The Flipside

Did you miss these stories in 2012?

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In "The FlipSide", local blogger Belmont Lay lets loose on local politics, culture and society. To be taken with a pinch of salt and parental permission is advised. In this post, he recaps the news you might have missed in 2012.

All year long, we have been bombarded with sex scandals every other month.

And news readers are getting sex scandal fatigue.

But not that it would deter anyone who is waiting for the trial of ex-Singapore Civil Defence Force Chief, Peter Lim, to start in 2013.

However, did you know that it was the Chinese tabloid Lianhe Wanbao that first broke this news at the beginning of 2012 of the high-profile arrests of this very senior officer under the Prevention of Corruption Act?

If you didn't, don't fret.

Here is a list of other news you might have missed in 2012 when you were distracted by sex, sex and more sex.

Trolling Facebook pages

One of the most noteworthy trends in the past 12 months has been the starting of anonymous and politically incorrect Facebook pages, one of which has been gaining a lot of traction online recently for busting racial taboos.

Called SMRT Ltd (Feedback), it claimed local MediaCorp actor Tay Ping Hui as one of its earliest victims who got trolled big time.

SMRT Ltd's administrators provoked a reaction out of Tay via Twitter by calling him a "cheapskate", and after which, things started to go downhill for the veteran actor.

SMRT Ltd (Feedback), emerged out of nowhere during the late 2011 in response to the spate of train breakdowns, and capitalised on commuters' transport woes as many sort an online outlet to complain.

And since then, a lot of innocent people have mistaken them for a real feedback channel.

Censorship still rules

In April, the Media Development Authority’s Board of Film Censors gave acclaimed British film, "Shame", a R21 rating and wanted to cut a group sex scene.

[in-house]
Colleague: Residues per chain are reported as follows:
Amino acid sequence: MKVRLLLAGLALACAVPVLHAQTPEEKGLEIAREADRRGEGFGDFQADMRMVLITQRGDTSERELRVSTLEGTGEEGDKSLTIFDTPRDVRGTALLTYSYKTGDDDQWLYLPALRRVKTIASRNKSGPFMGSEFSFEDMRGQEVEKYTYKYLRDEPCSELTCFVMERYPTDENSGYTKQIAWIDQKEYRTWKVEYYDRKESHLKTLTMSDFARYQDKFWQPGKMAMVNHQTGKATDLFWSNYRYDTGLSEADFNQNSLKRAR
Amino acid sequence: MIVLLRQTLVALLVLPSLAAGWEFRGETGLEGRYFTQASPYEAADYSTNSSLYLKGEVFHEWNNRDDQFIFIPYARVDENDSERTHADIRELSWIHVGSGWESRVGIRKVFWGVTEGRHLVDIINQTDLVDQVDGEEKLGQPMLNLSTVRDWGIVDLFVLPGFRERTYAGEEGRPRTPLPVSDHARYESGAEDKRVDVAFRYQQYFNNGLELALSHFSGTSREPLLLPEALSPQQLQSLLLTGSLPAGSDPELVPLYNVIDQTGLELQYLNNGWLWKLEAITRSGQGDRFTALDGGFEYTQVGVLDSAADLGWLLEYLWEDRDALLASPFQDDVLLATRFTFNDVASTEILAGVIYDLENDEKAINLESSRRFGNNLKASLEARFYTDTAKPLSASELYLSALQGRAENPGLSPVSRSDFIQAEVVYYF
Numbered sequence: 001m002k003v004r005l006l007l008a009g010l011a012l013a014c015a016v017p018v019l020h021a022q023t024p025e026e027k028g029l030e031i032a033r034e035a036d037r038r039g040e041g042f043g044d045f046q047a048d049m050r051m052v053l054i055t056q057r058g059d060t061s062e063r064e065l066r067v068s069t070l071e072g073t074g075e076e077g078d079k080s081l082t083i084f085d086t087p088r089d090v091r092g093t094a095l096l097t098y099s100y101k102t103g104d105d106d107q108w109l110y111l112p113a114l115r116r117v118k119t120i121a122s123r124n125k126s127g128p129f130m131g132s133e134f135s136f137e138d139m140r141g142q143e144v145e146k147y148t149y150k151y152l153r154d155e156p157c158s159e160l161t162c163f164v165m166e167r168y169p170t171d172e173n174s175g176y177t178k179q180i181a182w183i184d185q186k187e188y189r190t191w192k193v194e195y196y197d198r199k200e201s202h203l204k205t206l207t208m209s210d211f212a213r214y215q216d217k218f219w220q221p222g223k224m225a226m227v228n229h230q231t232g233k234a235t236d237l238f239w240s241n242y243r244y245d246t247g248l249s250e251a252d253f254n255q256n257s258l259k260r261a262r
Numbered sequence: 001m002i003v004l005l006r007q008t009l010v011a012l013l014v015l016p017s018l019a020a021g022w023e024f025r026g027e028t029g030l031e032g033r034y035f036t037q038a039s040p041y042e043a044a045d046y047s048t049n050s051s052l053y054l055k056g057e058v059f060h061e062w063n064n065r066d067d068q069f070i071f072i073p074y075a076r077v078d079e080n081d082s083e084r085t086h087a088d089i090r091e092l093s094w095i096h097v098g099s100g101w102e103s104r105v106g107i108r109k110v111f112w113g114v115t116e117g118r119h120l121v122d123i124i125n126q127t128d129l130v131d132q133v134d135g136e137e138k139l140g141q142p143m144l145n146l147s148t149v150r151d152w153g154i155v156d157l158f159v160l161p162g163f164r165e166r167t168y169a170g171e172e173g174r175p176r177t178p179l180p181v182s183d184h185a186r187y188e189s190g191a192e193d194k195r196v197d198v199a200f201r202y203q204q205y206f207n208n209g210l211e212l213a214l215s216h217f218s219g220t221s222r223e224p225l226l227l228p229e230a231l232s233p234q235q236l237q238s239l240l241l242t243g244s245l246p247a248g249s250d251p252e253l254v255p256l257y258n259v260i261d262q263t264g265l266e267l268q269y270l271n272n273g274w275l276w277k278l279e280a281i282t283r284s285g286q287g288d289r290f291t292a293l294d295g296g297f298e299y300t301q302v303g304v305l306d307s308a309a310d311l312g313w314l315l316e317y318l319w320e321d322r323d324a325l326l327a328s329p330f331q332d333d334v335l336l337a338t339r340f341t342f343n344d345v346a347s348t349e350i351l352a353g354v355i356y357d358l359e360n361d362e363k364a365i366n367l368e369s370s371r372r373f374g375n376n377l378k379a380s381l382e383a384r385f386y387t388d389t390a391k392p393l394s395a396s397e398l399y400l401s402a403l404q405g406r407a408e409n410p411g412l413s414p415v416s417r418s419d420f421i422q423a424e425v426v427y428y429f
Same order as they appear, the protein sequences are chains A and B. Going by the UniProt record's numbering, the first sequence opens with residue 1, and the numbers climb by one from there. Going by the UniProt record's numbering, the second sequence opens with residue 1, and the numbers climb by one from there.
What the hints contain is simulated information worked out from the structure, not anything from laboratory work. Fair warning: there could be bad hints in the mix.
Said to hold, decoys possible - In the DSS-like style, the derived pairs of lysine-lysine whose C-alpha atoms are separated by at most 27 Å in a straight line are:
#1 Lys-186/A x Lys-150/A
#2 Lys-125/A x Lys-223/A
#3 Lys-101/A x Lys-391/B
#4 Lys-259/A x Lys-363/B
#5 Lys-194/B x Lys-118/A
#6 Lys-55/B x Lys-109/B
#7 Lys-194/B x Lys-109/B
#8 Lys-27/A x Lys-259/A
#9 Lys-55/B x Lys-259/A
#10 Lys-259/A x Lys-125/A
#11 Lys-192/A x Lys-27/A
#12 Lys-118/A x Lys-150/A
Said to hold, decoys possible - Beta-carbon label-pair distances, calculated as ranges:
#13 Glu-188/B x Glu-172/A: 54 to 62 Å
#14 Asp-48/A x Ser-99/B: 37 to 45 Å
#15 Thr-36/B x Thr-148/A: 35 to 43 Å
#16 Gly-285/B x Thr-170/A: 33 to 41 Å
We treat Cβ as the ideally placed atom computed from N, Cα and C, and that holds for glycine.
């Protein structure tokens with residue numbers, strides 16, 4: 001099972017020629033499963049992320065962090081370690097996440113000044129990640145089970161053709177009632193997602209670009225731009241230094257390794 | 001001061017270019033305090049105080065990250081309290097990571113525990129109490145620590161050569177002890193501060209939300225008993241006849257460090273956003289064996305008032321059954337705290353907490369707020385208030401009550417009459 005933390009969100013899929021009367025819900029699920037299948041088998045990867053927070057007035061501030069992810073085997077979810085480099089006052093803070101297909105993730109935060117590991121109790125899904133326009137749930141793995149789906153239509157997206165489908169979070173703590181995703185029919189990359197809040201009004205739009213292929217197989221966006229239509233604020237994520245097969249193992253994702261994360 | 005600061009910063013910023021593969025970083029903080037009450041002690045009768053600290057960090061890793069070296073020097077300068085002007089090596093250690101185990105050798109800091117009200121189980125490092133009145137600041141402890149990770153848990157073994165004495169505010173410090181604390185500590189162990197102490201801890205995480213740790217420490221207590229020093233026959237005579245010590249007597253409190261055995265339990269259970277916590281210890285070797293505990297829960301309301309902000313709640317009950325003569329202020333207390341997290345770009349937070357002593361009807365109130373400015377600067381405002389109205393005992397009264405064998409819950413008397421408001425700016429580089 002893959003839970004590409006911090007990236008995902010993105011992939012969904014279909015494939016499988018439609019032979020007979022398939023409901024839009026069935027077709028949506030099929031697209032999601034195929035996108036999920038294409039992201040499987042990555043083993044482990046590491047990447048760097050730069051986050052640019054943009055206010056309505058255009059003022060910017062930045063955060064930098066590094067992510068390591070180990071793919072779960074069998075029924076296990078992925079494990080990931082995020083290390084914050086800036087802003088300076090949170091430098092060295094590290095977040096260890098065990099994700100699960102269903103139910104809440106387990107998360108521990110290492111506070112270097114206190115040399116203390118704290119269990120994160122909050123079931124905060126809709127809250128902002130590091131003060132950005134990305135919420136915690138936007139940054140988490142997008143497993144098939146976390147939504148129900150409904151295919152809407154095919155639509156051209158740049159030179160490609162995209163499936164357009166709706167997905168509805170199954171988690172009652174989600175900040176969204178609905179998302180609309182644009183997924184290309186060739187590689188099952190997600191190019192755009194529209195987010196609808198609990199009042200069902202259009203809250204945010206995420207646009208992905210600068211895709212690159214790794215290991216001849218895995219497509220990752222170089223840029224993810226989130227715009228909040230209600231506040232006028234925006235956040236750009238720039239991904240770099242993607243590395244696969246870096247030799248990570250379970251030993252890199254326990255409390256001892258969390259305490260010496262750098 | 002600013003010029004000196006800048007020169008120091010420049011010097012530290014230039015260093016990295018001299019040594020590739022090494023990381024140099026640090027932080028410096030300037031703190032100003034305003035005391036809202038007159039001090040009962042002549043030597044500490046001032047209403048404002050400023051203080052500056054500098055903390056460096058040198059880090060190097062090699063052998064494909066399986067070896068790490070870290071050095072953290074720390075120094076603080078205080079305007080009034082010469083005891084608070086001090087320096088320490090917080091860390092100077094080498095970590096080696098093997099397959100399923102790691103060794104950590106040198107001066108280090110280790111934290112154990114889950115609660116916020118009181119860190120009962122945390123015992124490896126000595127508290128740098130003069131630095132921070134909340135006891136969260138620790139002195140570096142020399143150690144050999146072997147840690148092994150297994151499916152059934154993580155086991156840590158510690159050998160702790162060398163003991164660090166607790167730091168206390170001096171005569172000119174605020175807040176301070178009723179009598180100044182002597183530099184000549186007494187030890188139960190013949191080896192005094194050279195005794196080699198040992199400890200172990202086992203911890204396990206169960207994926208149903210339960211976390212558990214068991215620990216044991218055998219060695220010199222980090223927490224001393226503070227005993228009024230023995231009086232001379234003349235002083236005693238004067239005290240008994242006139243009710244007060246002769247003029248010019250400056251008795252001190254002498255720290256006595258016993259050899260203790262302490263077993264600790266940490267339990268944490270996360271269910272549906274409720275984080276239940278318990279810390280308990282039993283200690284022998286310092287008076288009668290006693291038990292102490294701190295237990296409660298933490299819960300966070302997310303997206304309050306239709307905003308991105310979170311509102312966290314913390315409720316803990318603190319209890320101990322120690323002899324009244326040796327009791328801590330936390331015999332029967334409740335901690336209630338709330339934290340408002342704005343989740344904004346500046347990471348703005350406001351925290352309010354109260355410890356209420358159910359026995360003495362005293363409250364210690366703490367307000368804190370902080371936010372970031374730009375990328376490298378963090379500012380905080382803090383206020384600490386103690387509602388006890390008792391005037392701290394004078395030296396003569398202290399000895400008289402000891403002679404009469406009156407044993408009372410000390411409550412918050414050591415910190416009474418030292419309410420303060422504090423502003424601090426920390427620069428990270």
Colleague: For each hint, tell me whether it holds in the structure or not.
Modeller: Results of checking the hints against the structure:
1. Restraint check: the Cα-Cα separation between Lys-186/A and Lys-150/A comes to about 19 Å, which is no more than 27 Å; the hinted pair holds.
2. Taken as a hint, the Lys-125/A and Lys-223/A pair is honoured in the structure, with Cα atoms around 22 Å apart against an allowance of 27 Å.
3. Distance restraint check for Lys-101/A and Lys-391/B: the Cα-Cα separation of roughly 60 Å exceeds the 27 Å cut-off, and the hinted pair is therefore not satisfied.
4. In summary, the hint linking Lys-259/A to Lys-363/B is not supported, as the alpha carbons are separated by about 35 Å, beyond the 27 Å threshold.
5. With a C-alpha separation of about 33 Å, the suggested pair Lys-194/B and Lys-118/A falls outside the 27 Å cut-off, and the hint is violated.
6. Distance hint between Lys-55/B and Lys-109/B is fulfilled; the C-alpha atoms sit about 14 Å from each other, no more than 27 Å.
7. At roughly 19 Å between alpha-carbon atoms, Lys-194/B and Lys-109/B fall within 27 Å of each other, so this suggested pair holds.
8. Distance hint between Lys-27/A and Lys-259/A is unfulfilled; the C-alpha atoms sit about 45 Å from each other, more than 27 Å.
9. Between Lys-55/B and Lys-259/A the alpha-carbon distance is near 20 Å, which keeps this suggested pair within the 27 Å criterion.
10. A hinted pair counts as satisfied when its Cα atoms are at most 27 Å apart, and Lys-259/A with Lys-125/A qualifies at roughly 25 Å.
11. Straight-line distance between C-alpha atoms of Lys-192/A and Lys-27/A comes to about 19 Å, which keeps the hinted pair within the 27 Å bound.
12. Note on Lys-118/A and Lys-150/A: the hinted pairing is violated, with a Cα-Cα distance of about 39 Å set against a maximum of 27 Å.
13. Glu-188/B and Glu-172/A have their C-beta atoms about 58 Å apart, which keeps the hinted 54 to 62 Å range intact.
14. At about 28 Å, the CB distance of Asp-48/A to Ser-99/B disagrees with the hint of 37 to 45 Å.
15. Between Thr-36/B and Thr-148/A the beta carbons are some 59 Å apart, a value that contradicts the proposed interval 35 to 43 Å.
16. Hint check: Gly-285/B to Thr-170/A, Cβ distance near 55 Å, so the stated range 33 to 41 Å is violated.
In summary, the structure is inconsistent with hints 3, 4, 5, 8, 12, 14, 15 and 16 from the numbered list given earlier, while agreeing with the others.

However, the movie’s director refused. He didn’t want any alterations to be made to his work just so it can please the sensibilities of a bunch of red-tape bureaucrats.

So, distribution plans for the movie were cancelled despite an appeal. MDA simply wouldn't let the movie pass without censorship.

And in October, local satirical comedy “Sex.Violence.FamilyValues" was banned on the week of its scheduled opening.

But has anyone considered why the film censors, having watched many undesirable movies in their lifetime, not become depraved? Why can they watch all the good stuff but not the larger society?

Lee Kuan Yew's laundry habits

But leave that thought aside because one of the strangest news to ever make it into print happened in August.

Ex-prime minister Lee Kuan Yew's daughter, Lee Wei Ling, wrote a column in the mainstream press confessing that her father washes his own underwear, on top of other strange musings that were equally baffling.

This led to a lot of readers not knowing how to react to this news since something so important was never mentioned in Lee Kuan Yew's own memoirs.

Selective reporting

But what's more interesting is the news that the mainstream media did not publish.

Did you know that at the Red Bull Flugtag held at Siloso Beach at the end of October, a 30,000-strong crowd cheered loudly as replicas of ERP gantries were thrown into the sea?

The widespread cheer that greeted the destruction of the highly-despised ERP gantries was not mentioned in the mainstream media.

Oh yes, for the uninitiated: the Red Bull Flugtag is an event known around the world for showcasing the effects of gravity on non-flying objects.

But the whole idea is to see things get trashed.

Citizen journalism

So what is it that we should continue to look out for in 2013?

Well, the role that normal, everyday citizens can play in uncovering and disseminating information will grow bigger.

Barely two months ago, a hawk-eyed man of the street discovered that CISCO had issued a blank illegal parking ticket to a CISCO vehicle. And the person who made the discovery wrote a post about it on his blog.

CISCO's method of "issuing" a fine was quickly labelled as a "wayang", meaning "farcical", by everyone else online.

You can only imagine how bad that made CISCO look.

Social media rules

If there is one thing 2012 taught us, it is how increasingly social media is making the lives of mainstream media reporters a lot easier.

Social media practitioners are giving the mainstream media reporters news leads and setting them in the right direction. Otherwise, a lot of them will be grovelling aimlessly.

And that would have resulted in even more missed news that never would have been reported.

Other stories by Belmont
Too many fairweather fans in S'pore football
Student petitions Education Minister
Are S'poreans just way too cynical?
Fairytale of S$7,000-a-month S'pore cabbie

Belmont Lay is one of the editors of New Nation, an online publication that is 50% trustworthy.